RESCUING JUSTICE AND EQUALITY

Front Cover
Harvard University Press, 2008 - Philosophy - 448 pages
0 Reviews

In this stimulating work of political philosophy, acclaimed philosopher G. A. Cohen sets out to rescue the egalitarian thesis that in a society in which distributive justice prevails, people‚e(tm)s material prospects are roughly equal. Arguing against the Rawlsian version of a just society, Cohen demonstrates that distributive justice does not tolerate deep inequality.

In the course of providing a deep and sophisticated critique of Rawls‚e(tm)s theory of justice, Cohen demonstrates that questions of distributive justice arise not only for the state but also for people in their daily lives. The right rules for the macro scale of public institutions and policies also apply, with suitable adjustments, to the micro level of individual decision-making.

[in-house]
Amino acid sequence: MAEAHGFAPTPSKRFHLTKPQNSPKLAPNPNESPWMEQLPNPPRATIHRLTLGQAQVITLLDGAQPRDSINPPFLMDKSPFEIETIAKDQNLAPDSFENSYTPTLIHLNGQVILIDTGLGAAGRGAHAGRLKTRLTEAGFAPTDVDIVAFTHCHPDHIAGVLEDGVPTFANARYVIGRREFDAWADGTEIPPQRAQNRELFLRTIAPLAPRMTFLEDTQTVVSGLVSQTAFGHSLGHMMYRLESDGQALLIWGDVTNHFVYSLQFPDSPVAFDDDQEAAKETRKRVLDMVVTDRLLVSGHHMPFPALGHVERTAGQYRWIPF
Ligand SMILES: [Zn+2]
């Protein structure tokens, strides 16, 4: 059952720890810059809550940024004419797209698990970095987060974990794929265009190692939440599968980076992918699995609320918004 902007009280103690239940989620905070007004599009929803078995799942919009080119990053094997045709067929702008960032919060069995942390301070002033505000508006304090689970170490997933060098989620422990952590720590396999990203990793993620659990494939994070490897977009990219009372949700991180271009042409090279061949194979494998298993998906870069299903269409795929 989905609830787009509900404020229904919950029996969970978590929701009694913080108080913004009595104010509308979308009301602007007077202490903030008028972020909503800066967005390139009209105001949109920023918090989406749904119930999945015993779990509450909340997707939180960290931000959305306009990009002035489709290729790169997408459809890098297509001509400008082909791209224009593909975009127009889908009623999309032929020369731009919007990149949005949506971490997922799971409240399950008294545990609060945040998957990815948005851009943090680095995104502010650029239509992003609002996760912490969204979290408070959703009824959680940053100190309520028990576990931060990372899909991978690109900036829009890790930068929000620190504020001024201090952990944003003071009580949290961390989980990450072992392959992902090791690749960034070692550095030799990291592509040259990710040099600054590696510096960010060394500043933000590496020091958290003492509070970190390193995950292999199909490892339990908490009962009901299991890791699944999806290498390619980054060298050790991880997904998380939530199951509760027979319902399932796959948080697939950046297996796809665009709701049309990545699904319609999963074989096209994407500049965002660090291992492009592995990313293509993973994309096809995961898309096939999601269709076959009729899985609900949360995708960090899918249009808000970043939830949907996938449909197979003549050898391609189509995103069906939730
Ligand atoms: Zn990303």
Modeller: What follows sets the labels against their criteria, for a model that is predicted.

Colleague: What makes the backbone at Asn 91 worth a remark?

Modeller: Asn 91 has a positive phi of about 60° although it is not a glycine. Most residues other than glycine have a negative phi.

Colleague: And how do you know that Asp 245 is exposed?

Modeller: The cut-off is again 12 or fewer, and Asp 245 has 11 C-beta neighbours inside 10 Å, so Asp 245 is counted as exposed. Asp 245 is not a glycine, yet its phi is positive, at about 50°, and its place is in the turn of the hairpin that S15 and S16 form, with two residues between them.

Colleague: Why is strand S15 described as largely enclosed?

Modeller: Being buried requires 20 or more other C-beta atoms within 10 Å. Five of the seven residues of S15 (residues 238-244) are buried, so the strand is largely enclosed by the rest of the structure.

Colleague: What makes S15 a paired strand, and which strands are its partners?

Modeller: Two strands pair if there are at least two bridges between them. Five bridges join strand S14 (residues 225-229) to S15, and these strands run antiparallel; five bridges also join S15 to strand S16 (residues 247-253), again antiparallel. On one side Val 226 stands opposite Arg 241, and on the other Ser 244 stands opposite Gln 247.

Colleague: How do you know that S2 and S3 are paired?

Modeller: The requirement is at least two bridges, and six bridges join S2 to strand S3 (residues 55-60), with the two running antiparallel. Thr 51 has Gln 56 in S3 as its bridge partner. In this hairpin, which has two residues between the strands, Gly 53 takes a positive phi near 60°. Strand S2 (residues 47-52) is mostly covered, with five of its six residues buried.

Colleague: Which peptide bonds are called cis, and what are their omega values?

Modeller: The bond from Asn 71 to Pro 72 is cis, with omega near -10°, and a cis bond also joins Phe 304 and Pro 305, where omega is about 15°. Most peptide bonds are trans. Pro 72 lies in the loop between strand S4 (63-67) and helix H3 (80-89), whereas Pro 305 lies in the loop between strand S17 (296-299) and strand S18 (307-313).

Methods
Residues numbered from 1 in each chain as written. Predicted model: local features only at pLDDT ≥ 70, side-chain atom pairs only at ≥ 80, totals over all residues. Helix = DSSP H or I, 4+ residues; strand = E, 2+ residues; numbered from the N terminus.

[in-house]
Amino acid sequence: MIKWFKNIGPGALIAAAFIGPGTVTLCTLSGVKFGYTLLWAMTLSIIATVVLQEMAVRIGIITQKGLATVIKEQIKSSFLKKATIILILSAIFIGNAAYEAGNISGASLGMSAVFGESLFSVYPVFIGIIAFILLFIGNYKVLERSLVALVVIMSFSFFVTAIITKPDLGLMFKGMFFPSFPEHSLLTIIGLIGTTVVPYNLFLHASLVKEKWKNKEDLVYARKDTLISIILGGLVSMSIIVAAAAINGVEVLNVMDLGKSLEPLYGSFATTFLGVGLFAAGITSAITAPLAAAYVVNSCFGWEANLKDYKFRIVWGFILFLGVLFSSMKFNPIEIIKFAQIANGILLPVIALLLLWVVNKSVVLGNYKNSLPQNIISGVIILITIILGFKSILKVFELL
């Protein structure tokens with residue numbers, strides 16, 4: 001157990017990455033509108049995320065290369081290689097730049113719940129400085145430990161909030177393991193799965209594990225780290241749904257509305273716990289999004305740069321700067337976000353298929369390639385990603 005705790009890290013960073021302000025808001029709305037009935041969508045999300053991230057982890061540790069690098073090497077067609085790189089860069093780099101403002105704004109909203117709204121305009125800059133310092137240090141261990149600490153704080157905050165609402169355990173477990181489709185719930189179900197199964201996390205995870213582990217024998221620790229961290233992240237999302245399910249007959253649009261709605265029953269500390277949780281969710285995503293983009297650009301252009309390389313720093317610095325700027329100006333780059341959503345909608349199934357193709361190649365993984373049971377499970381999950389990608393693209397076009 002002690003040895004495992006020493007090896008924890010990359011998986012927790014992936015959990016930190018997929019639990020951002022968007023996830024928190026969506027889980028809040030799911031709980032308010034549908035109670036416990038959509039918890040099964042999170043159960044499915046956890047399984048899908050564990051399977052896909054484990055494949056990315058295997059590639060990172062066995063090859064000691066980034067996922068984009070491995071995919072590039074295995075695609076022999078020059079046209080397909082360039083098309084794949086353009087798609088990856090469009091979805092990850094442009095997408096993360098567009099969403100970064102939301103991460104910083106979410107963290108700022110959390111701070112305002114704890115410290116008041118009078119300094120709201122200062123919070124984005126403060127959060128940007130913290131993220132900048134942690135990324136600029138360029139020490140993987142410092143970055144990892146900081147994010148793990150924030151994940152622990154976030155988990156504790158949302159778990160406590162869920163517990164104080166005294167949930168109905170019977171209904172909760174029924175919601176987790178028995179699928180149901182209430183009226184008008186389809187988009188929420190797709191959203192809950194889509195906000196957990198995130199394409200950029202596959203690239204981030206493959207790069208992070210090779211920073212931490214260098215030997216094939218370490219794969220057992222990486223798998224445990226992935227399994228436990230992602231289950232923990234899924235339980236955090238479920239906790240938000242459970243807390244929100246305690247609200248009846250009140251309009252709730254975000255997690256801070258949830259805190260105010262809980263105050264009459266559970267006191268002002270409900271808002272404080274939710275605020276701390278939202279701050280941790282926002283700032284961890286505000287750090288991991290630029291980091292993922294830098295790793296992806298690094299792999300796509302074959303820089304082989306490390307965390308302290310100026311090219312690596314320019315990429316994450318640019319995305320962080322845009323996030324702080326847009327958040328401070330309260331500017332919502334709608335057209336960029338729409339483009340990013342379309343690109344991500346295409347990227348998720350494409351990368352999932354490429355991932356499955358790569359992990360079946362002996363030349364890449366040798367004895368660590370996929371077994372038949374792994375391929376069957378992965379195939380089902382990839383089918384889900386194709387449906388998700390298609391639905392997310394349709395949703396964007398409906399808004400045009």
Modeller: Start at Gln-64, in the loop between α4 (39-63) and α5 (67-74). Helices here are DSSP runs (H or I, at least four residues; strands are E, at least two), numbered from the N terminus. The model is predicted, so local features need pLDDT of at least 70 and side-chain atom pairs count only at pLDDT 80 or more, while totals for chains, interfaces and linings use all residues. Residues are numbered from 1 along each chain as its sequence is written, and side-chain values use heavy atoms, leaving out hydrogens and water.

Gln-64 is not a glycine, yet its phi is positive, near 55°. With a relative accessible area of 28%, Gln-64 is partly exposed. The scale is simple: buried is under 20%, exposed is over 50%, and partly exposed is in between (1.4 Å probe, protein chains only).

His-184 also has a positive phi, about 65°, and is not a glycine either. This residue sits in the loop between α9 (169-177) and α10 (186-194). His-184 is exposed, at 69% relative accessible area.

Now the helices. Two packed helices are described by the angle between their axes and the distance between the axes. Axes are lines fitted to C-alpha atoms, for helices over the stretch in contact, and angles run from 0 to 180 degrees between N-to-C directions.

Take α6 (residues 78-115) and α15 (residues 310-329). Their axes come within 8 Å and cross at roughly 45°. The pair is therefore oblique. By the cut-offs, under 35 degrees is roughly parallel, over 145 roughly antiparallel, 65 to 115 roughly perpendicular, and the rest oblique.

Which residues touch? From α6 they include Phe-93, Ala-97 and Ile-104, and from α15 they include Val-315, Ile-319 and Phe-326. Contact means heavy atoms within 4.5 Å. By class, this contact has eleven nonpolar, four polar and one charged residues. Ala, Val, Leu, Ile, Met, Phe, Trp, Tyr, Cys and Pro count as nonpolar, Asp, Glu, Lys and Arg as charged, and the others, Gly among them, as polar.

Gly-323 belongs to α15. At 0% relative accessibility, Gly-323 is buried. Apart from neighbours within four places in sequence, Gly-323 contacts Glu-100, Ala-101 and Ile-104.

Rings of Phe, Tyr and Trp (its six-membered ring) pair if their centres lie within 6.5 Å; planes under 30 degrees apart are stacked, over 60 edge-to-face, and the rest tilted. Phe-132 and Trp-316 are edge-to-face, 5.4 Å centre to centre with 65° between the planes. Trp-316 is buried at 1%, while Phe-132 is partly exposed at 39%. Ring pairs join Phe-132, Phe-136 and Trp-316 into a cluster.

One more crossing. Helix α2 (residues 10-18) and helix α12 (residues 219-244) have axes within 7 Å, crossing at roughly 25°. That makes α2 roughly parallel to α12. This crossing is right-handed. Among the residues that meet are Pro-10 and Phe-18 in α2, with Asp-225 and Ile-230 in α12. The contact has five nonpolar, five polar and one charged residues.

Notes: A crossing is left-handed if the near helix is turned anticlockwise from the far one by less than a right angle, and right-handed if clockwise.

Cohen also charges Rawls‚e(tm)s constructivism with systematically conflating the concept of justice with other concepts. Within the Rawlsian architectonic, justice is not distinguished either from other values or from optimal rules of social regulation. The elimination of those conflations brings justice closer to equality.

From inside the book

What people are saying - Write a review

We haven't found any reviews in the usual places.

Contents

The Incentives Argument
27
Testing the Incentives Argument
48
Why the Incentives Argument Fails the Interpersonal Test
54
Copyright

64 other sections not shown

Common terms and phrases

About the author (2008)

G. A. Cohen was Chichele Professor of Social and Political Theory and Fellow of All Souls College, Oxford University.

Bibliographic information